When does it make sense to open a second location for your business?
When does it make sense to open a second location for your business? What business metrics should you achieve? My business has been picking up, but I don't want to pull the trigger too early!
Hard to say without an understanding of what your business is. There is some very excellent advice here.
If the second location can sustain on its own without taking any resources (materials or human) from your first location and can generate revenue on its own then it might make sense. If your current location is doing well because you are running it, you'll need to find someone to either run this location or the new one. Or find two new people to run each location with you overseeing both.
There are 3 main factors to look at that will help you determine if it makes sense.
1. You have rock solid systems in your business already that are easily duplicated and have proven efficiency and accuracy.
2. The second location has a similar demographic to your first location and demand for your specific business.
3. You are financially healthy to make the move without going into too much debt or causing stress on your bottom line.
Hope this helps. If you would like to discuss further or get more advice, feel free to reach out to me and I am happy to assist.
That is a tough one. I would probably go the route of researching and developing a business plan as if it were opening as a single location and if it can provide the revenue to survive on it's own. It also depends on if you are wanting to open a second location to accommodate the growth in existing customers/clients or to tap into a new geographical area?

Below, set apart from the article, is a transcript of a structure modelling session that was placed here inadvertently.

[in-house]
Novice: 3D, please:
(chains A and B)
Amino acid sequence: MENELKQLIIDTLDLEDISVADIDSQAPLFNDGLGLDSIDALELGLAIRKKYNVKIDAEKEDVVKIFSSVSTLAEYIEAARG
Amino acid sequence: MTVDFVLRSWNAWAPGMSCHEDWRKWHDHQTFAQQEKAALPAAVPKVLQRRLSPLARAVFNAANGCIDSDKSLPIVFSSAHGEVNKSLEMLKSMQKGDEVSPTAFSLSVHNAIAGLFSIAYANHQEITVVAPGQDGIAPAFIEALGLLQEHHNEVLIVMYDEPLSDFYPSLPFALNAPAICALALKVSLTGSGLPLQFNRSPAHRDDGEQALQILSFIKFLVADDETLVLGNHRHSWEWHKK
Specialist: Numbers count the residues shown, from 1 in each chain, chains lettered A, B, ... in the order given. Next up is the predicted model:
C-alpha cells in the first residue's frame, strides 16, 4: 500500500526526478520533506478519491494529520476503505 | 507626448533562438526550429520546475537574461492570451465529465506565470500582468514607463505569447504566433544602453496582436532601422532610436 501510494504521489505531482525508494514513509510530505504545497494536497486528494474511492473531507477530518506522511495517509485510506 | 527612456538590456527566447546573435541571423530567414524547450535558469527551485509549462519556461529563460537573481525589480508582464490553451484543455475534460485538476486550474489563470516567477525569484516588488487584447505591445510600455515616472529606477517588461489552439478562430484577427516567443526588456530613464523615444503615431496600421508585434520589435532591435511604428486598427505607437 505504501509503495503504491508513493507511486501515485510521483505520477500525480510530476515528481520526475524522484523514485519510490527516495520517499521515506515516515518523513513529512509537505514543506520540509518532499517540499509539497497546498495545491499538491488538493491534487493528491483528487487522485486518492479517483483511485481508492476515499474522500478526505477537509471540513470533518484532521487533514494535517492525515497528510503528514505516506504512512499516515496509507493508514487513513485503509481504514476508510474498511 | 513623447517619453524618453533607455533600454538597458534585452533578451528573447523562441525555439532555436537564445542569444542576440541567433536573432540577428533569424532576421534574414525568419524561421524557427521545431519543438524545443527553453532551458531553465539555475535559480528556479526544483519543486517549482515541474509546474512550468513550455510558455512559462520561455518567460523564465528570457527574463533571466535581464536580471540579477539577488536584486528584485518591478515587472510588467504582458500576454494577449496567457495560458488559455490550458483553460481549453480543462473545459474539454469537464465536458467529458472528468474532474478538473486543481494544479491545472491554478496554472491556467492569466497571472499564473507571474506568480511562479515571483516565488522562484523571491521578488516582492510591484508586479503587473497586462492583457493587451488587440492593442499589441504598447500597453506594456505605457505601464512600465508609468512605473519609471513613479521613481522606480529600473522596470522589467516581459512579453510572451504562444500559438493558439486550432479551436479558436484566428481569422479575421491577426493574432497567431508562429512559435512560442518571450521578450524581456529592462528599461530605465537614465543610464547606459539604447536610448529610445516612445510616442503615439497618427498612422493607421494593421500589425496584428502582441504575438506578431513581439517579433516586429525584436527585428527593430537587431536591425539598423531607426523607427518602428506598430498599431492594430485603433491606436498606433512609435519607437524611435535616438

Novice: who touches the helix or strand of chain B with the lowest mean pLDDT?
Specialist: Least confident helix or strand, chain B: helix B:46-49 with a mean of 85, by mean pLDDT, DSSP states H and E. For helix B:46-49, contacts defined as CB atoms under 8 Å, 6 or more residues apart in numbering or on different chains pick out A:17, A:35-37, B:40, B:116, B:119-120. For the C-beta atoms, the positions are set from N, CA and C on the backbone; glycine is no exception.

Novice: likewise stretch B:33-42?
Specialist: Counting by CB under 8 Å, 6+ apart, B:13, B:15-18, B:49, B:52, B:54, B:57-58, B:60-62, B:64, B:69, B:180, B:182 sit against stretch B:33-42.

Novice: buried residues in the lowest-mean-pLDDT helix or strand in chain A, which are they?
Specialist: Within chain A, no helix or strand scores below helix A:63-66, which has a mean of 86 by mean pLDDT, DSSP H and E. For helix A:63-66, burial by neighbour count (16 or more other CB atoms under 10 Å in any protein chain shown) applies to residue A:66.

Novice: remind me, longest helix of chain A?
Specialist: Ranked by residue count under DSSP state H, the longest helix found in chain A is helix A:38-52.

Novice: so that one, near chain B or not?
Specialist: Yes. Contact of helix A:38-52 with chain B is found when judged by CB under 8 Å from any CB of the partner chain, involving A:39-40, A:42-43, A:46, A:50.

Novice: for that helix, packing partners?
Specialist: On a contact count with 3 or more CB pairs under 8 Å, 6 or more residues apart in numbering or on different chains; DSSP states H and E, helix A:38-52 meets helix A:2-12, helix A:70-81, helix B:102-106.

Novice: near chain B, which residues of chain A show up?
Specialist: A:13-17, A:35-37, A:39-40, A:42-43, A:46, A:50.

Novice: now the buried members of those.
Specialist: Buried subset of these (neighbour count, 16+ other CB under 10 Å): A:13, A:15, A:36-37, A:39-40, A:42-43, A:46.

It really depends on what your business does as many businesses appear to be in different locations but they just have a virtual office. In this day and age of communication there is no need to have more locations unless you have a business that requires staff on the ground. Sometimes time zones are an issue but that is easily solved by starting staff at different times so you have that covered. There are so many things you can do before you need to open in a second location.
You are very smart to ask this question. This is a very complex decision, and not one to enter into lightly. Many business owners may be tempted to jump into this quickly as business starts to do well without weighing some important factors like:
1) Is the current business activity level sustainable, and for how long?
2) What factors are driving you want a additional location?
3) If it makes sense, how does a new location benefit the business long term?
4) Where would you open a new location and does that market make sense?
5) Will you be diluting your brand or spreading yourself thin?
6) Does this fit with your long-term mission and strategic goals?
7) How does it affect your future if your are wrong? Can you bounce back fast?
8) How will this affect the existing location from a operations and cost perspective?
Also make sure to research the new market you are considering ie. prospect clients, competitors, tax implications, environmental complexity, hiring etc.
Make sure it makes complete sense, and talk to other professionals to seek guidance. This will help you make an informed decision, and do your due diligence before you leap.
I know I've given you many questions to think about, but hopefully they help. This definitely a decision that requires much more work in order to properly assess.
Take care and I wish you all the very best in your business Carrie.